| Article published Thursday, February 20, 2003|
exec took word of Besse’s owners
BLADE STAFF WRITER
ROCKVILLE, Md. - The only Nuclear Regulatory
Commission official who can order a shutdown of the Davis-Besse
plant has admitted to federal investigators that he pushed aside
scientific evidence and relied on FirstEnergy Corp.’s word that it
was safe to continue operating the corroded reactor head until a
refueling outage in early 2002.
FirstEnergy "fought and
clawed every inch of the way" when NRC staffers wanted to shut down
the Davis-Besse nuclear plant in the fall of 2001, according to
transcripts of interviews conducted by investigators with the NRC’s
Office of Inspector General.
Sam Collins, the NRC’s nuclear
reactor regulation director and the only agency official who can
legally issue a shutdown order, told investigators that he had
relied on FirstEnergy’s word that it would have shut down the plant
itself if the company had ever gotten to the point of believing
Davis-Besse’s problems endangered public safety.
put undue emphasis on the [shutdown] order because Davis-Besse would
[have] shut that plant down without the order," Mr. Collins was
quoted as telling an investigator during an interview on Sept. 9,
2002. The assertion is included in interview transcripts obtained
under the federal Freedom of Information Act and made available by a
nuclear watchdog group called the Union of Concerned
Numerous NRC officials, including outgoing
Chairman Richard Meserve, have said the decision Mr. Collins made
was reasonable - based only on the information made available to Mr.
Collins at the time.
Mr. Collins, Mr. Meserve, and other NRC
officials have repeatedly stated there is no way the agency would
have allowed Davis-Besse to keep operating if they had known the
true extent of the massive corrosion problem there. The plant’s
reactor lid had a football-sized hole - the most significant rust
damage in U.S. nuclear history - and was so dilapidated it nearly
ruptured. Experts fear it could have caused an accident even bigger
than Three Mile Island in 1979.
Mr. Collins has declined
numerous requests from The Blade for comment.
Zwolinski, the NRC’s director of licensing and project management,
questioned the faith his colleague, Mr. Collins, put in
"How can [the NRC] have faith, trust, and
confidence we’ve gotten the right anything from that facility?" he
told investigators. "I mean, this kind of thing shakes me 100
percent. I mean, you simply can’t work that way with a
Nonetheless, FirstEnergy believes it adequately
informed the NRC throughout the ordeal, and it remains confident it
will soon get the agency’s authorization to restart the beleaguered
plant. Company spokesman Richard Wilkins said yesterday workers had
begun loading nuclear fuel into Davis-Besse’s reactor.
fuel-loading operation will keep the plant on track for a week-long
pressure test next month, which will be used to determine if the
bottom of the reactor has any leaks.
continues despite allegations raised in a federal whistleblower case
Tuesday that the company knew Davis-Besse’s reactor head was in bad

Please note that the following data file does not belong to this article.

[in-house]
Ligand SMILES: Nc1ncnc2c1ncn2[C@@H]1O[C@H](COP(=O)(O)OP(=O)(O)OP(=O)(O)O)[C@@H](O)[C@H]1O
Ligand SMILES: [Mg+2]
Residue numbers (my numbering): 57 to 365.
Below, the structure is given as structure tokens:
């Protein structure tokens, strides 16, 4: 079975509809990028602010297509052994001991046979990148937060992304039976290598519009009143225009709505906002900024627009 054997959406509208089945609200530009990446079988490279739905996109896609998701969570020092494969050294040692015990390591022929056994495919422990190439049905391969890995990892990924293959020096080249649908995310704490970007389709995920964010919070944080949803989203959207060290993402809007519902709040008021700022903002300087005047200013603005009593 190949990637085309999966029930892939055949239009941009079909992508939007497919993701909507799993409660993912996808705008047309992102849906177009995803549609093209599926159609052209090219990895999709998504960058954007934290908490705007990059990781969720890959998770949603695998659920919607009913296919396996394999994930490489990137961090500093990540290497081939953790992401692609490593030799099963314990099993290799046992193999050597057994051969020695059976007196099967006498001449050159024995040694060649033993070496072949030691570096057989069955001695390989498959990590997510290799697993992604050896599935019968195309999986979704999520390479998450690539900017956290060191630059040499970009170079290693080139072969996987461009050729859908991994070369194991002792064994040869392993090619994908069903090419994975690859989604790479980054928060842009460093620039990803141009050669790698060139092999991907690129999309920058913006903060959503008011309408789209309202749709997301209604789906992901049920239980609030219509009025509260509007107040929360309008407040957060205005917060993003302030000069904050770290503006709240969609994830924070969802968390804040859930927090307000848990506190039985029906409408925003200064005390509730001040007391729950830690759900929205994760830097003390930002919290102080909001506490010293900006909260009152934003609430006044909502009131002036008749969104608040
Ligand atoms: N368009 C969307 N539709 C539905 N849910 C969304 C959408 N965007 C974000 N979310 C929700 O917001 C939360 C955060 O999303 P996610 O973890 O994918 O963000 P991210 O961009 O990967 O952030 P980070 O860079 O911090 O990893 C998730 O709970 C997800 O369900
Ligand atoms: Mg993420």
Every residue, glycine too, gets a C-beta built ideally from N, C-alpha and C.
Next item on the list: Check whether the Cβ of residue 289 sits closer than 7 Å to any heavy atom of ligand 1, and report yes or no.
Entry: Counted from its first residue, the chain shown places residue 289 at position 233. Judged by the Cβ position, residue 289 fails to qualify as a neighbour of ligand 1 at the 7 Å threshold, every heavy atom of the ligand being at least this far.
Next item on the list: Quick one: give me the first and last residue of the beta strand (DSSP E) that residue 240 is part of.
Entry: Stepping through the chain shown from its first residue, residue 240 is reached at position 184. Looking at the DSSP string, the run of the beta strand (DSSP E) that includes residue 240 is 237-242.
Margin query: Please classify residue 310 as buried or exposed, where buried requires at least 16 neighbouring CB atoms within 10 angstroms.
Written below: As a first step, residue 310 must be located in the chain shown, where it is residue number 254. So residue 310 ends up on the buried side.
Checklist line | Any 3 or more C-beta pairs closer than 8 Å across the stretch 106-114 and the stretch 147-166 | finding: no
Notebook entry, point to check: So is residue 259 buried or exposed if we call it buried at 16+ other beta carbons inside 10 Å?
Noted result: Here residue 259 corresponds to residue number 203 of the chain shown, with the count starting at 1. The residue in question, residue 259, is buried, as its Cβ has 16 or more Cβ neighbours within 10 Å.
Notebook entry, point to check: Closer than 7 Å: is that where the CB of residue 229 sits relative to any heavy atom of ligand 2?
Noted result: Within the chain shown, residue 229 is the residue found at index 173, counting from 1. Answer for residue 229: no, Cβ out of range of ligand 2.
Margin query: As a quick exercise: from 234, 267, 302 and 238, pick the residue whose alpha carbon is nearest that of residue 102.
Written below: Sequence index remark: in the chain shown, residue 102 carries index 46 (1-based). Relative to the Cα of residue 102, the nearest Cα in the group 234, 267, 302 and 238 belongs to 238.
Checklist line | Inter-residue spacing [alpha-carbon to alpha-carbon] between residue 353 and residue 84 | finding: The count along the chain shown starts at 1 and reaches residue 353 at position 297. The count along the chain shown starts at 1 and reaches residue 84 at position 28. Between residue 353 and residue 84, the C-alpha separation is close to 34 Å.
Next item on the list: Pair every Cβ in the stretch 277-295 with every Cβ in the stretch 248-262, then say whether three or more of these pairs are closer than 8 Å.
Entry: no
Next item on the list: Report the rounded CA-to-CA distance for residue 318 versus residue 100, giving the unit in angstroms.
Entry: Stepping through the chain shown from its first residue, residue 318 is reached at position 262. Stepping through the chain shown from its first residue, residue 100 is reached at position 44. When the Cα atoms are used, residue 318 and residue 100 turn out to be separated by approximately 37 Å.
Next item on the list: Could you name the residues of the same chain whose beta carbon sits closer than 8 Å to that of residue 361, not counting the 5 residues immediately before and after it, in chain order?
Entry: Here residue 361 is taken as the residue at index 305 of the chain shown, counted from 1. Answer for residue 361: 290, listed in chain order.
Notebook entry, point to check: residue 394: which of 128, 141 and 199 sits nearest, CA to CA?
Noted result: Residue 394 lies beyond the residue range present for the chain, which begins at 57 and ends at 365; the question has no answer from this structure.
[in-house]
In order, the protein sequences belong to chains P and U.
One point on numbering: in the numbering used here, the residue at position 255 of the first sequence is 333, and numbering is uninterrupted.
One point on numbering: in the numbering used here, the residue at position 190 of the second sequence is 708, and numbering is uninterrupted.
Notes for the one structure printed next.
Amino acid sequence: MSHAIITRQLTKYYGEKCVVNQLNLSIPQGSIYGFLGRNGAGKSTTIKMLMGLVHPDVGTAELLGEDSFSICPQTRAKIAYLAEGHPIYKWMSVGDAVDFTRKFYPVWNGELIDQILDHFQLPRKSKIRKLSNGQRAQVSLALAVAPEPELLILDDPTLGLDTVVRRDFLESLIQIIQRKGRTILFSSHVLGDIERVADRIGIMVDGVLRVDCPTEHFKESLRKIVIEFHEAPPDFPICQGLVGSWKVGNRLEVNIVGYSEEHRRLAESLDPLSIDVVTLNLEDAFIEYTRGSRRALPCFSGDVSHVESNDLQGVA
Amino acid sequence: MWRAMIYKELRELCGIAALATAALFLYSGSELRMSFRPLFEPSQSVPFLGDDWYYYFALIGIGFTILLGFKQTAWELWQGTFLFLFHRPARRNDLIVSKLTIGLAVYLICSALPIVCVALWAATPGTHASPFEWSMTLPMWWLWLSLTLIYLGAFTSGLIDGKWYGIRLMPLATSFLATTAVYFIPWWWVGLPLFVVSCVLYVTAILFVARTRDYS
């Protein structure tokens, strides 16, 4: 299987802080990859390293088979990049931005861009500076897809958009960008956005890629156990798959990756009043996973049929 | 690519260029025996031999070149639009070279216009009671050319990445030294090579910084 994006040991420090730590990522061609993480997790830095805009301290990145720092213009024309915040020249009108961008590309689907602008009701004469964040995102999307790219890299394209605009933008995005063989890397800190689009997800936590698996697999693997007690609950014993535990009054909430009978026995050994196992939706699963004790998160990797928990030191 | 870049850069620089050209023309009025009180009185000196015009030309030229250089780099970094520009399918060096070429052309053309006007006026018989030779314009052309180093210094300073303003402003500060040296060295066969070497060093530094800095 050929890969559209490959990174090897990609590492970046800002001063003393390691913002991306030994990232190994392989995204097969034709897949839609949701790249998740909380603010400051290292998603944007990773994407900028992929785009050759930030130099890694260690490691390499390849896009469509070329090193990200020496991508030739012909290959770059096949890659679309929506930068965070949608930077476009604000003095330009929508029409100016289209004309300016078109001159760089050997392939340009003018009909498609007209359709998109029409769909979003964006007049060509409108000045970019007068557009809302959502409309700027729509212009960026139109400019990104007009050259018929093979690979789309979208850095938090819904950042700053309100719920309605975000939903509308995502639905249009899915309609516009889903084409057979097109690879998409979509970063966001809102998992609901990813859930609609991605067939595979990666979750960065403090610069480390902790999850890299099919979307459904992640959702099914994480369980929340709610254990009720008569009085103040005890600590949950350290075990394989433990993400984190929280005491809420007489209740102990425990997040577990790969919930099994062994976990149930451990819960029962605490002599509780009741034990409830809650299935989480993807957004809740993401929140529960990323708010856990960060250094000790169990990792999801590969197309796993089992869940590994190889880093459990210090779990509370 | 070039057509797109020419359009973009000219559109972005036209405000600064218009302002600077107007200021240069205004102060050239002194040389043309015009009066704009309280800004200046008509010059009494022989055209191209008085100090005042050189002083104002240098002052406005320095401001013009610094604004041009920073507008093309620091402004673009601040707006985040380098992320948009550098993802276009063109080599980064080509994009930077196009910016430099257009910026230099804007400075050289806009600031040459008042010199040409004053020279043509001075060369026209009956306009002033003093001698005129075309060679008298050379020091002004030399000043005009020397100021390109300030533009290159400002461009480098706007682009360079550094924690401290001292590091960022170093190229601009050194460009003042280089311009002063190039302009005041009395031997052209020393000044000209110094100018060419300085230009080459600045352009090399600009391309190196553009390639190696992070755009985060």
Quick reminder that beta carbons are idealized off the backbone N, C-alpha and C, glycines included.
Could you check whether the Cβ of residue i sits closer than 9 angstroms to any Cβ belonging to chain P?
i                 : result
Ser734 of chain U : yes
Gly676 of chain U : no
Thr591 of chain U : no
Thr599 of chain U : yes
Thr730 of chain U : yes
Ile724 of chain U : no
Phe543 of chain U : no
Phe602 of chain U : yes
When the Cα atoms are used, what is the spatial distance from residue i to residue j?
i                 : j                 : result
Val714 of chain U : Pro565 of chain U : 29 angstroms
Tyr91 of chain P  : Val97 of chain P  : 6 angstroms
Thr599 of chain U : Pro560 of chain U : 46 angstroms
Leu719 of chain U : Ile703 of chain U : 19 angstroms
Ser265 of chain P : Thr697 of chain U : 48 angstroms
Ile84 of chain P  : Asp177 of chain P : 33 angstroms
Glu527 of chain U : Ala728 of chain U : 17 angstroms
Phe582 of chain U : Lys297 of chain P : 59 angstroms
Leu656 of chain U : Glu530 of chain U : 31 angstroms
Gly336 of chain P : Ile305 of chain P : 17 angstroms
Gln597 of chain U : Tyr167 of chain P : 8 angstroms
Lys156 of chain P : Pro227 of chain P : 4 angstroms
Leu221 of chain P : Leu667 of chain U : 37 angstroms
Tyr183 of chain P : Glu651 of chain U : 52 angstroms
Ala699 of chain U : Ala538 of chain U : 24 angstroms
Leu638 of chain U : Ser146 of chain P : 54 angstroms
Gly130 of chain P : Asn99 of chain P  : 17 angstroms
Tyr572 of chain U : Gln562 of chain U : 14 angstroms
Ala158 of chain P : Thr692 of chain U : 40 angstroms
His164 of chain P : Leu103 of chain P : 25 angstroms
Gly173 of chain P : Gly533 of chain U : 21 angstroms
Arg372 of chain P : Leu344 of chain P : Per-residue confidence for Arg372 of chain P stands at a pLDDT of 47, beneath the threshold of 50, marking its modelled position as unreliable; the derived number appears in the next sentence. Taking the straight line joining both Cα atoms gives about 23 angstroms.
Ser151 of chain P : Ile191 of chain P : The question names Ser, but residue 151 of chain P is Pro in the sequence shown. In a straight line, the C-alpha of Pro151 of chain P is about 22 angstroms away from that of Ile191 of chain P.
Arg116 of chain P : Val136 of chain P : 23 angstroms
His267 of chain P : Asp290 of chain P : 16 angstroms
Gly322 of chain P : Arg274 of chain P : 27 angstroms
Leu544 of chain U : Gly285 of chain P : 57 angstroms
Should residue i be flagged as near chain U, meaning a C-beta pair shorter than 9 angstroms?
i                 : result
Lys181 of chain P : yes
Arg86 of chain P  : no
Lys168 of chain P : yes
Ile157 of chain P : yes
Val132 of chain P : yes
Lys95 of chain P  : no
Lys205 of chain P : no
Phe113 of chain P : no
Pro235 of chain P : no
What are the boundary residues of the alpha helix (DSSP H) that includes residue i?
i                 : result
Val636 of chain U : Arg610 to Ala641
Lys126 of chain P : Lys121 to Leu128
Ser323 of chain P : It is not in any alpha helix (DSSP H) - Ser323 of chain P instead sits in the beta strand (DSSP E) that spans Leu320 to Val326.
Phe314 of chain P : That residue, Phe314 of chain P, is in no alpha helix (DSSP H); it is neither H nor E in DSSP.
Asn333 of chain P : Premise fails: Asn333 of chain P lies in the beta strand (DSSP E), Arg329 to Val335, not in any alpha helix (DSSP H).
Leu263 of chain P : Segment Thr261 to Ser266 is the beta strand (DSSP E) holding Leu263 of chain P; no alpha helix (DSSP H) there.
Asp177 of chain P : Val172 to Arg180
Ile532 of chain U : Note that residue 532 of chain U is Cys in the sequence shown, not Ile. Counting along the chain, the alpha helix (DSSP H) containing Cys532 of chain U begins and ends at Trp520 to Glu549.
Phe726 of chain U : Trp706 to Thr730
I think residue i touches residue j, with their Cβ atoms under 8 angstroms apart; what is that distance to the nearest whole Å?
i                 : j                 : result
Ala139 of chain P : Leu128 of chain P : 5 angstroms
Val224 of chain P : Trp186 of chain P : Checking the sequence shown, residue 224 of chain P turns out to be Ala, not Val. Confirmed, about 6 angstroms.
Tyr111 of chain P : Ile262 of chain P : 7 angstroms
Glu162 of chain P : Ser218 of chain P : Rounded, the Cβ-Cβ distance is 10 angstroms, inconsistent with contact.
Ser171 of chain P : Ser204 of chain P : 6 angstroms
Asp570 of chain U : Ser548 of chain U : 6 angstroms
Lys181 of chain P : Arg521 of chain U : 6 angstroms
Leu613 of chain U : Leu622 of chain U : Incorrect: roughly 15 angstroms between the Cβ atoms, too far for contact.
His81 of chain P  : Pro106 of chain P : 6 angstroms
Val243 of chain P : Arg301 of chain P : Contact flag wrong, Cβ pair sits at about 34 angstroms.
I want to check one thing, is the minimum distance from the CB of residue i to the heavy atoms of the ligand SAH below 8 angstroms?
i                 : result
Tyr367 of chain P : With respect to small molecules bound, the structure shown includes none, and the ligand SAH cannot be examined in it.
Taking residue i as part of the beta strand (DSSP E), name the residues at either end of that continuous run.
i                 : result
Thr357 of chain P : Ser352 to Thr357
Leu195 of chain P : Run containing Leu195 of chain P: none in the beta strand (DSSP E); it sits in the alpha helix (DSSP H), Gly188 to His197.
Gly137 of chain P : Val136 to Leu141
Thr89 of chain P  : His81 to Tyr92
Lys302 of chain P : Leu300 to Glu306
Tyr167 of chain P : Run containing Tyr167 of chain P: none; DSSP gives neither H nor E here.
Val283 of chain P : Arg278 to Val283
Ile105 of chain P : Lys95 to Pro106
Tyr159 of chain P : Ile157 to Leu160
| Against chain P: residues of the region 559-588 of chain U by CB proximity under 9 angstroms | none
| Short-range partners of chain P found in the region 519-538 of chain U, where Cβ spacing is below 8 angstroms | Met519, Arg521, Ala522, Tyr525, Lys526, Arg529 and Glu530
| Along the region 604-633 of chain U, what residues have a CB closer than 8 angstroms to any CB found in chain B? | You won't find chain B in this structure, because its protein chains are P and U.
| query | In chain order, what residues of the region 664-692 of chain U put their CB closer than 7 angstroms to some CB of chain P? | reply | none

shape as early as 1998. The complaint, filed by a fired lead nuclear
engineer, claims FirstEnergy has misled the NRC about the extent of
The issue of FirstEnergy’s cooperation with the
NRC was examined in detail by the agency’s inspector general, who in
January issued a scathing report. It charged that the NRC breached
its safety mandate by letting itself be influenced by FirstEnergy’s
pleas that shutting the plant down as proposed on Dec. 31, 2001,
would have seriously hurt the utility financially. Mr. Meserve
responded by stating his agency did not have the benefit of
According to an interview transcript of one
unnamed NRC staffer, FirstEnergy "basically fought and clawed every
inch of the way" when the shutdown order was being contemplated in
the fall of 2001. Besides reduced energy production, the company’s
perseverance to keep operating Davis-Besse was motivated by a belief
it would get a "black eye" in the industry that could affect its
financial rating, the staffer testified.
The same staffer
claimed a reduced operating temperature and other measures taken by
FirstEnergy to provide an extra safety margin during the final six
weeks of operation were "window dressing" because their scientific
benefits were "essentially nothing."
Mr. Zwolinski compared
FirstEnergy’s decision to fight the Davis-Besse shutdown order to
the cooperation the NRC received from Virginia-based Dominion
Energy. Faced with a similar set of circumstances in the fall of
2001, Dominion voluntarily agreed to shut down its North Anna and
Surry nuclear plants in Virginia to check for reactor-head nozzle
cracks - an example which Mr. Zwolinski lauded as the "right thing"
because it was proactive.
"And would you say that Davis-Besse
didn’t choose to do the right thing?" an investigator
"Confronted with the evidence that we had other like
plants ... I would say that they did not choose to do the right
thing, regardless of how everything has turned out," Mr. Zwolinski
Several NRC staffers interviewed by the investigators
made references to communication between the NRC and congressional
leaders. U.S. Sen. George Voinovich (R., Ohio) and U.S. Rep. Paul
Gillmor (R., Old Fort) were mentioned by name - but George Mulley,
the author of the inspector general’s report, told The Blade there
is no evidence that any politician wielded undue influence over the
NRC in regard to the proposed shutdown order.
order was proposed by NRC staffers, approved by agency lawyers, and
sent up the chain-of-command, but Mr. Collins refused to execute it.
The inspector general’s report has accused him of falling prey to
FirstEnergy’s financial pleas after meeting with Bob Saunders,
president of FirstEnergy’s nuclear subsidiary.
|More articles on this subject »|